His time in the nursing home was motivating.  Being left on a makeshift toilet for hours and not being able to do anything without someone coming to assist you makes you really want to get out of there.  It makes you recognize that worse exists and if worse exists then so must better.  He wanted to get better.  He wanted to try.  He built himself up through the random and playful challenges I set out for him.

As he gained belief and confidence, he wanted to learn and be shown.  How do you make oatmeal?  How much goes in the cup?  Where do you find the cup?  Where is the oatmeal kept?  If there was routine and structure he could perform.  He was an excellent worker…  After some weeks of getting it right, then he would start to take ownership.  I’m going to add some strawberries today.  The crunch of the celery.  Perhaps some nuts.  He was building upon a foundation of ‘the right and healthy thing’.  He was good, so now he could find better (and make the habit personal and more enticing).

He wanted to try the gym so we visited the rec center and found out we could both attend for free via the Silver Sneakers program.  He LOVED not having to pay for.  I gave him a few things to try and went with him as he tried it.  After locating and communicating feels, I adjusted things.  We tried and tried and tried and tried.  It was through conversation that I taught him how to tell if it was beneficial or not.  He was so used to pushing through and effort being the marker of success.  He had to learn how to sense and decide whether to be done or change something.  His obedient question of “What’s Next?” eventually turned into “I’m going to do (X).”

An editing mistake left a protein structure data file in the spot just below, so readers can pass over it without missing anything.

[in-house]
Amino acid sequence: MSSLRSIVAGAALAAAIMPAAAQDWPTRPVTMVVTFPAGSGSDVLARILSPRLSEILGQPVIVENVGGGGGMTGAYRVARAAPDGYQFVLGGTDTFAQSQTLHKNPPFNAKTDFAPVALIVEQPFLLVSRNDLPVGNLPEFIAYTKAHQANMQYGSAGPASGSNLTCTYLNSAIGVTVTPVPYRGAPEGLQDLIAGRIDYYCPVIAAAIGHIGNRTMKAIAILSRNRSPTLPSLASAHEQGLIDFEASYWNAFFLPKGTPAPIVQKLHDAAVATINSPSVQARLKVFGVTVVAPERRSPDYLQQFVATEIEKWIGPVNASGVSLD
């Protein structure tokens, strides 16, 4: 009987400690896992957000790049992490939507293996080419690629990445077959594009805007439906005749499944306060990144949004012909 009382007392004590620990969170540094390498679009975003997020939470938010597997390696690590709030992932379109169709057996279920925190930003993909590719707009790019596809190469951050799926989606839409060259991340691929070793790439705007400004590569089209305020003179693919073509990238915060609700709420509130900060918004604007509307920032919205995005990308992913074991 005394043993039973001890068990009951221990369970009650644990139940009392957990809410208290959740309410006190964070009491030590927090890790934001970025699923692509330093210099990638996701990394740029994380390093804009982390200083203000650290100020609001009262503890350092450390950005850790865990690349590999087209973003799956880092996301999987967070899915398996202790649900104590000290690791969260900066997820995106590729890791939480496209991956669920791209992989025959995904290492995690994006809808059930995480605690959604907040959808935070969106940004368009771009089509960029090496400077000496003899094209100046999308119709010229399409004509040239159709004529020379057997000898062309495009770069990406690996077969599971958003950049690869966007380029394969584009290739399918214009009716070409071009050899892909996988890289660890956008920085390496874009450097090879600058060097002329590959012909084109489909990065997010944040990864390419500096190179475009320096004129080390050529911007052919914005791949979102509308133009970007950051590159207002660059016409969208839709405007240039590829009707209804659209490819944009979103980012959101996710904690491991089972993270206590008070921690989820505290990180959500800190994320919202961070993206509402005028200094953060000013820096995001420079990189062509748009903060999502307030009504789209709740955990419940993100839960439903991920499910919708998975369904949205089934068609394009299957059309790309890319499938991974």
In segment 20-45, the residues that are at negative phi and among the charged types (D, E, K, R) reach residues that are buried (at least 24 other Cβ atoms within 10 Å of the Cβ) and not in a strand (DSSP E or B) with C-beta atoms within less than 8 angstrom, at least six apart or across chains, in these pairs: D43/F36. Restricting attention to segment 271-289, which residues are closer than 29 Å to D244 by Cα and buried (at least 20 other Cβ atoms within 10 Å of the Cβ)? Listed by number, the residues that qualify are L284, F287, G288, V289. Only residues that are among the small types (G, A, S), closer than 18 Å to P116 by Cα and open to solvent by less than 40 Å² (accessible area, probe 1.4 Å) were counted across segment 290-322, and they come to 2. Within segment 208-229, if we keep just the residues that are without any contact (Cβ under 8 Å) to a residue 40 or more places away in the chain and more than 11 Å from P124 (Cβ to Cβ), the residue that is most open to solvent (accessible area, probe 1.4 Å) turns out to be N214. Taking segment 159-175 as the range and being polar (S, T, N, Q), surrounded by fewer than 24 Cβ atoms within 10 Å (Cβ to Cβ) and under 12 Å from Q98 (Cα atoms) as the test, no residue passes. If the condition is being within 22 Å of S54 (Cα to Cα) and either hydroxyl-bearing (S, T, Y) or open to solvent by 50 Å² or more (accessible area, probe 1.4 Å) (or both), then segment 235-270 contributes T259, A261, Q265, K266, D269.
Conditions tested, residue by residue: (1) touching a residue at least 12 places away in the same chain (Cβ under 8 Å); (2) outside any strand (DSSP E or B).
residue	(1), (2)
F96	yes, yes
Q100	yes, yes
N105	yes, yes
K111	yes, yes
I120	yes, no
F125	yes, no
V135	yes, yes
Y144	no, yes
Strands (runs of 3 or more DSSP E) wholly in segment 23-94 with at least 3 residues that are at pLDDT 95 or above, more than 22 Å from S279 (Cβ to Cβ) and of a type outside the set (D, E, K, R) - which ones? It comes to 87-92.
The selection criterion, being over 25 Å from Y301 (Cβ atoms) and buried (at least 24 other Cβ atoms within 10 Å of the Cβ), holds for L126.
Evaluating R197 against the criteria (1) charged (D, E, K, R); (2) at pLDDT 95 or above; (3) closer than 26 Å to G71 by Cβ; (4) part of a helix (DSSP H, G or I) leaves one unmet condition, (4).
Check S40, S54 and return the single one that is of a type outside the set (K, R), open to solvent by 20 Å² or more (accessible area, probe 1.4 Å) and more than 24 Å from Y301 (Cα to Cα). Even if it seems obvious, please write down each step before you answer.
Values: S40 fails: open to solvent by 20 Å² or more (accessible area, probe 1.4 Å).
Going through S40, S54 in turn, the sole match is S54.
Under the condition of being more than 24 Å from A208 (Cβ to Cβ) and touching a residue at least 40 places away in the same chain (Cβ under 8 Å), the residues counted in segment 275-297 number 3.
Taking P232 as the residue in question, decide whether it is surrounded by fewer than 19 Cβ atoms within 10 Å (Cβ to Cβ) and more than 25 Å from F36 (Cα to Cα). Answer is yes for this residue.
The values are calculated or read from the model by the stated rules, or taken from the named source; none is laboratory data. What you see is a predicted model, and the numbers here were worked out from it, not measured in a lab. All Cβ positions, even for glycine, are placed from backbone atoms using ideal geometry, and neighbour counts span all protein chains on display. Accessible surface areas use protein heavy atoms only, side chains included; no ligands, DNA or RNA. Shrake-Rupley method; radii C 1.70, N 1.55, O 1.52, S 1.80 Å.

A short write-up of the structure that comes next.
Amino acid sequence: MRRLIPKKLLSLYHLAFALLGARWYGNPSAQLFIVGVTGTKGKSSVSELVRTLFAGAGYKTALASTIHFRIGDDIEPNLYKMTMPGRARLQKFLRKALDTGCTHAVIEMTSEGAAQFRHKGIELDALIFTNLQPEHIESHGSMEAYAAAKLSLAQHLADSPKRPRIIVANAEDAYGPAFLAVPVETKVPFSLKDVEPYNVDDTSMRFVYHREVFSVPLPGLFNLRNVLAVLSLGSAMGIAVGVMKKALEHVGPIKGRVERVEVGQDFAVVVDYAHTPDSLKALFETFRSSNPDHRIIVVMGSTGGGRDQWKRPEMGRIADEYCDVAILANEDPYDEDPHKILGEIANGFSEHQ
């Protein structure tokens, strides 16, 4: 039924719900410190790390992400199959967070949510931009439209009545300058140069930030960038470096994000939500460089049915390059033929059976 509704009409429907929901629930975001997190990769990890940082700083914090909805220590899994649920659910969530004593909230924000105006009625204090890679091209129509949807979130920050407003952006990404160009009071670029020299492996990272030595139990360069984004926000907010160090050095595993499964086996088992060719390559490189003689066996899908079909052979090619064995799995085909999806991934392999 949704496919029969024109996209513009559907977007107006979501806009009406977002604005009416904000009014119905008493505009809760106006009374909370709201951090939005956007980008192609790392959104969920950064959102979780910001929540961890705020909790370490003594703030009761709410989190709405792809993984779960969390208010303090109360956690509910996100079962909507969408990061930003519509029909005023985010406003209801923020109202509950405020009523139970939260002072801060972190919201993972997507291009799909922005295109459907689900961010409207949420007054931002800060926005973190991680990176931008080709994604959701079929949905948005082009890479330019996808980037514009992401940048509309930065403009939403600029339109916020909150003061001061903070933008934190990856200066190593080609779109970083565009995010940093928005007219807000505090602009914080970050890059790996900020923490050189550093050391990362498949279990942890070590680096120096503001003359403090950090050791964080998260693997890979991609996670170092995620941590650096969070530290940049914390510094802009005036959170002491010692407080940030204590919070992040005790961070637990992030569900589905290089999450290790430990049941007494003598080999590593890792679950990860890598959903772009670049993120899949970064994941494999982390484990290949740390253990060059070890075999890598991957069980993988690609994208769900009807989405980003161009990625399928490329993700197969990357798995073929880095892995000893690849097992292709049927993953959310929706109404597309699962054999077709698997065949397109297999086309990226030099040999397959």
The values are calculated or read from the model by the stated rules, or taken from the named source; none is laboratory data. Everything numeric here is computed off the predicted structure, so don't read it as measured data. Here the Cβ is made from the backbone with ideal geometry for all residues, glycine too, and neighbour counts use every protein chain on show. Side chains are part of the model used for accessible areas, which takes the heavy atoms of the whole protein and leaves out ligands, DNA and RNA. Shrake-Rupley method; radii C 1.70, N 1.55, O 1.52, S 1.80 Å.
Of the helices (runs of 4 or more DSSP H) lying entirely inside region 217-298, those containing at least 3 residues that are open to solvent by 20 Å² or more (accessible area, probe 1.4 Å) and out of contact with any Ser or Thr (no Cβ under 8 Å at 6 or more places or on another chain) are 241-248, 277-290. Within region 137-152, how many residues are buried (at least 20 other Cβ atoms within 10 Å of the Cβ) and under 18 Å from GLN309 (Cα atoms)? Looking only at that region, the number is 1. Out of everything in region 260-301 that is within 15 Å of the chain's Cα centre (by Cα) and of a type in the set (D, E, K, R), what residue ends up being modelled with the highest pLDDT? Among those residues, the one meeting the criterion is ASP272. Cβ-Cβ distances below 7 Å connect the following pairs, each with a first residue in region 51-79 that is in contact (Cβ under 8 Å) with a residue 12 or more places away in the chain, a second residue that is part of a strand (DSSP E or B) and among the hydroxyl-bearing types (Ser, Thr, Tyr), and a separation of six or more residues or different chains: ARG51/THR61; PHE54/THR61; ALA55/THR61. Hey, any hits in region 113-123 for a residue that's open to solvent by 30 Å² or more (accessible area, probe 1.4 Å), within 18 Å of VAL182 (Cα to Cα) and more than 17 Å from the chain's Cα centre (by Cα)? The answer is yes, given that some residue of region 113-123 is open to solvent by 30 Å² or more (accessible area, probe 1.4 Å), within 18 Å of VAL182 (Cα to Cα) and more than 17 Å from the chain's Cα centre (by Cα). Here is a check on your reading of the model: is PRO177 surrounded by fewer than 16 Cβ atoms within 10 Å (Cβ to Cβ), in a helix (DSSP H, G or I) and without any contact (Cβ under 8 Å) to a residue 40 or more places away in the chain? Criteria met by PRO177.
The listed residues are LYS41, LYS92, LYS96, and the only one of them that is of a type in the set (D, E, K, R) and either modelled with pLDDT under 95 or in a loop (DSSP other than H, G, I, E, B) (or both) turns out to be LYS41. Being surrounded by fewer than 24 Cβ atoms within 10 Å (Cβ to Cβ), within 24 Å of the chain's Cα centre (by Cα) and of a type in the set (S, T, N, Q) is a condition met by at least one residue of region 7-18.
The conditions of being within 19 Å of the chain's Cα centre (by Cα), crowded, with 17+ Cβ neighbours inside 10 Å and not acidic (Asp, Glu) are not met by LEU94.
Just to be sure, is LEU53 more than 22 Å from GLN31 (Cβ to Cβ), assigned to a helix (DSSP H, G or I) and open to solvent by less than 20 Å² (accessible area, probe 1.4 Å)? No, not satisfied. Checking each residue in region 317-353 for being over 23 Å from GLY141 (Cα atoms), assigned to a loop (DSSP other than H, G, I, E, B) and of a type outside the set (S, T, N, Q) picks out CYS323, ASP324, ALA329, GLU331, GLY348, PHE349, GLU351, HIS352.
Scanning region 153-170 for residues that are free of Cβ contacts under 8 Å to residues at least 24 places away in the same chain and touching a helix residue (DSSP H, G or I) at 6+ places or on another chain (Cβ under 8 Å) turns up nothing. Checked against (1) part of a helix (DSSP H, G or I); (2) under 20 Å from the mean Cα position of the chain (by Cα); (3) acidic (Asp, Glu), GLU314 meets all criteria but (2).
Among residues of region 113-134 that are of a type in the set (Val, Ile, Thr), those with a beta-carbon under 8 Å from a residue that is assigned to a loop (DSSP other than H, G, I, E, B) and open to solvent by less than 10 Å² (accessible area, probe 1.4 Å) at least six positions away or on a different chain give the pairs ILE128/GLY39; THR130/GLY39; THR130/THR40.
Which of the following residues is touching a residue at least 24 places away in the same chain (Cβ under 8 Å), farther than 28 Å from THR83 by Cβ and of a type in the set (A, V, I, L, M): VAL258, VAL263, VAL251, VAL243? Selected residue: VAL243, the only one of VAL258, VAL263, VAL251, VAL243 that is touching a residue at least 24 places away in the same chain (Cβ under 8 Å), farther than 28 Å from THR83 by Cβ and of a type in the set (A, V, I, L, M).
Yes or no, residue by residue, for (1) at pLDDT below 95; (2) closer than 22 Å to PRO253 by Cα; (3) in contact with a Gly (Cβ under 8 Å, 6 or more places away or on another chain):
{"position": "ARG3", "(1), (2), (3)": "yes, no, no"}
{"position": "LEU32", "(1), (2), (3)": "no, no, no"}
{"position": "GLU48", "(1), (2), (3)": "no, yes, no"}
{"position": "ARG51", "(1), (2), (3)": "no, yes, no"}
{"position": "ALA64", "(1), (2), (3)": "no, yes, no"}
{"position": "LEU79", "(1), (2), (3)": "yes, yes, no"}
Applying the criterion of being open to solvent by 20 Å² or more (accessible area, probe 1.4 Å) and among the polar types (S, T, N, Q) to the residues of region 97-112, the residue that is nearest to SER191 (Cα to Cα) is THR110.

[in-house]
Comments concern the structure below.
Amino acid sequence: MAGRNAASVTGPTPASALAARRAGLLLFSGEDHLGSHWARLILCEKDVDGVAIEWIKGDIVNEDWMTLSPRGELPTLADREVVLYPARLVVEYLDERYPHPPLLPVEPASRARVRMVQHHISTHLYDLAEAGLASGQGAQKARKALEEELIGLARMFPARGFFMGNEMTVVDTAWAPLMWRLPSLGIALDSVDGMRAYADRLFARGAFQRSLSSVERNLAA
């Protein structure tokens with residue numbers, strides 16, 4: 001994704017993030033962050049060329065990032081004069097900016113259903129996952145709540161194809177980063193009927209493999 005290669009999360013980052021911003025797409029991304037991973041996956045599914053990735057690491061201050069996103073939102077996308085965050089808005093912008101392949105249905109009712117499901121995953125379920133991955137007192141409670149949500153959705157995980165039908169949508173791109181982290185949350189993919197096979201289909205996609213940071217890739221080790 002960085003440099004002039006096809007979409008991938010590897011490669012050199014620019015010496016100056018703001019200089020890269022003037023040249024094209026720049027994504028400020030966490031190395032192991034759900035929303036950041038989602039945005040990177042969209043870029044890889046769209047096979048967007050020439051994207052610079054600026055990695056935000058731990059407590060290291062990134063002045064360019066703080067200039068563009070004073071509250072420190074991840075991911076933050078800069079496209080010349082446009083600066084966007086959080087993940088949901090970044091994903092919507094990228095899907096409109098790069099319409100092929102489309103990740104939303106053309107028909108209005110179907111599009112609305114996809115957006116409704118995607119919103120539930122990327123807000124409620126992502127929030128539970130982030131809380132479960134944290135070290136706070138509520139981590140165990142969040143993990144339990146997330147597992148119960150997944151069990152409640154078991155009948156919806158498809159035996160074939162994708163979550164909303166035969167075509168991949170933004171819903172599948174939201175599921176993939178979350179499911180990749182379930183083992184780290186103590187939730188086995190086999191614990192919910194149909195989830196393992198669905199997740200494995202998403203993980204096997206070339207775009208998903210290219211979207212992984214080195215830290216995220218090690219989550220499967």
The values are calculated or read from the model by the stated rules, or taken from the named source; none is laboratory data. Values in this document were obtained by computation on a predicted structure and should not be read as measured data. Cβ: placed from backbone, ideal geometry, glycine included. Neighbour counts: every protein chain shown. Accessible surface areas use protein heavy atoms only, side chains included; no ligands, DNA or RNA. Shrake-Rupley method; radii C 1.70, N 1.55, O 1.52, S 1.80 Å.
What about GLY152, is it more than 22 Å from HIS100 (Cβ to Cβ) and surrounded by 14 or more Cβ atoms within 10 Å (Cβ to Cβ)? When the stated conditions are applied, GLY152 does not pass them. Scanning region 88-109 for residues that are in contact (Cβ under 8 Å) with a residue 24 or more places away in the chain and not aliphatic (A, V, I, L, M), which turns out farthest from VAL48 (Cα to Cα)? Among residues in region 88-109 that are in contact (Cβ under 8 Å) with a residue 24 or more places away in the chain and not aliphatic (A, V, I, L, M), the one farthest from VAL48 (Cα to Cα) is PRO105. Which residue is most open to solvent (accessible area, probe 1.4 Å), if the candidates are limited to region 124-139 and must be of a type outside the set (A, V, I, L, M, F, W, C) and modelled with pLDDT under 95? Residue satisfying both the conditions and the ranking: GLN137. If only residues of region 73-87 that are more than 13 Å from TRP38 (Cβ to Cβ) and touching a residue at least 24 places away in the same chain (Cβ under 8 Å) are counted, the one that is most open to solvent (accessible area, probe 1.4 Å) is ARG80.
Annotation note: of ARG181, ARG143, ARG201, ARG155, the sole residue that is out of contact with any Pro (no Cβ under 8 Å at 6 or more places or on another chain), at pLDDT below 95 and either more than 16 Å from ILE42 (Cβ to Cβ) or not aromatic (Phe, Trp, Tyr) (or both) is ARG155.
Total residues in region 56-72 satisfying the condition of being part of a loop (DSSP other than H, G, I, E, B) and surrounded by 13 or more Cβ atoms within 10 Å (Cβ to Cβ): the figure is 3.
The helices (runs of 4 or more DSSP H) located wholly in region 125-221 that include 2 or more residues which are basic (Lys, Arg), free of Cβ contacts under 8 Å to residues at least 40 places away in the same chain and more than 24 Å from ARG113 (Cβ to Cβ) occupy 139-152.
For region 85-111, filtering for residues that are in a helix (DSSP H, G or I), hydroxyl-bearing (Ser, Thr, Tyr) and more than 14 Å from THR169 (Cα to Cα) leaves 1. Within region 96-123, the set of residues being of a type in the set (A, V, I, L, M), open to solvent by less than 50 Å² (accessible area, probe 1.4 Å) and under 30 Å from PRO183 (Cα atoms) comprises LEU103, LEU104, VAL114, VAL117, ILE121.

We used the same gradual release of responsibility to return him to driving.  His coordination was improving immensely.  We both began to trust his balance and timing and foot placement.  I asked him if he wanted to drive around the neighborhood.  Then to the gym.  Then back from the gym.  Pretty soon he just claimed the driver seat.  This is how care works.  It is not conditional, or demanding.  It sits with, gets to know, and attempts to make improvement an internal ecosystem that can invigorate itself.

Once he could get around by himself, and had a solid grasp of routine, I booked a flight home about a month out.  My father had learned how to care for himself and regain his independence.  He was participating in life again, and his change in demeanor was not lost on my mother.  They are coexisting harmoniously, as they have learned to better communicate and understand one another.  I have returned to the life I built for myself, but this experience has made question so much.  Relationships are vital to health, whether you choose to believe it or not.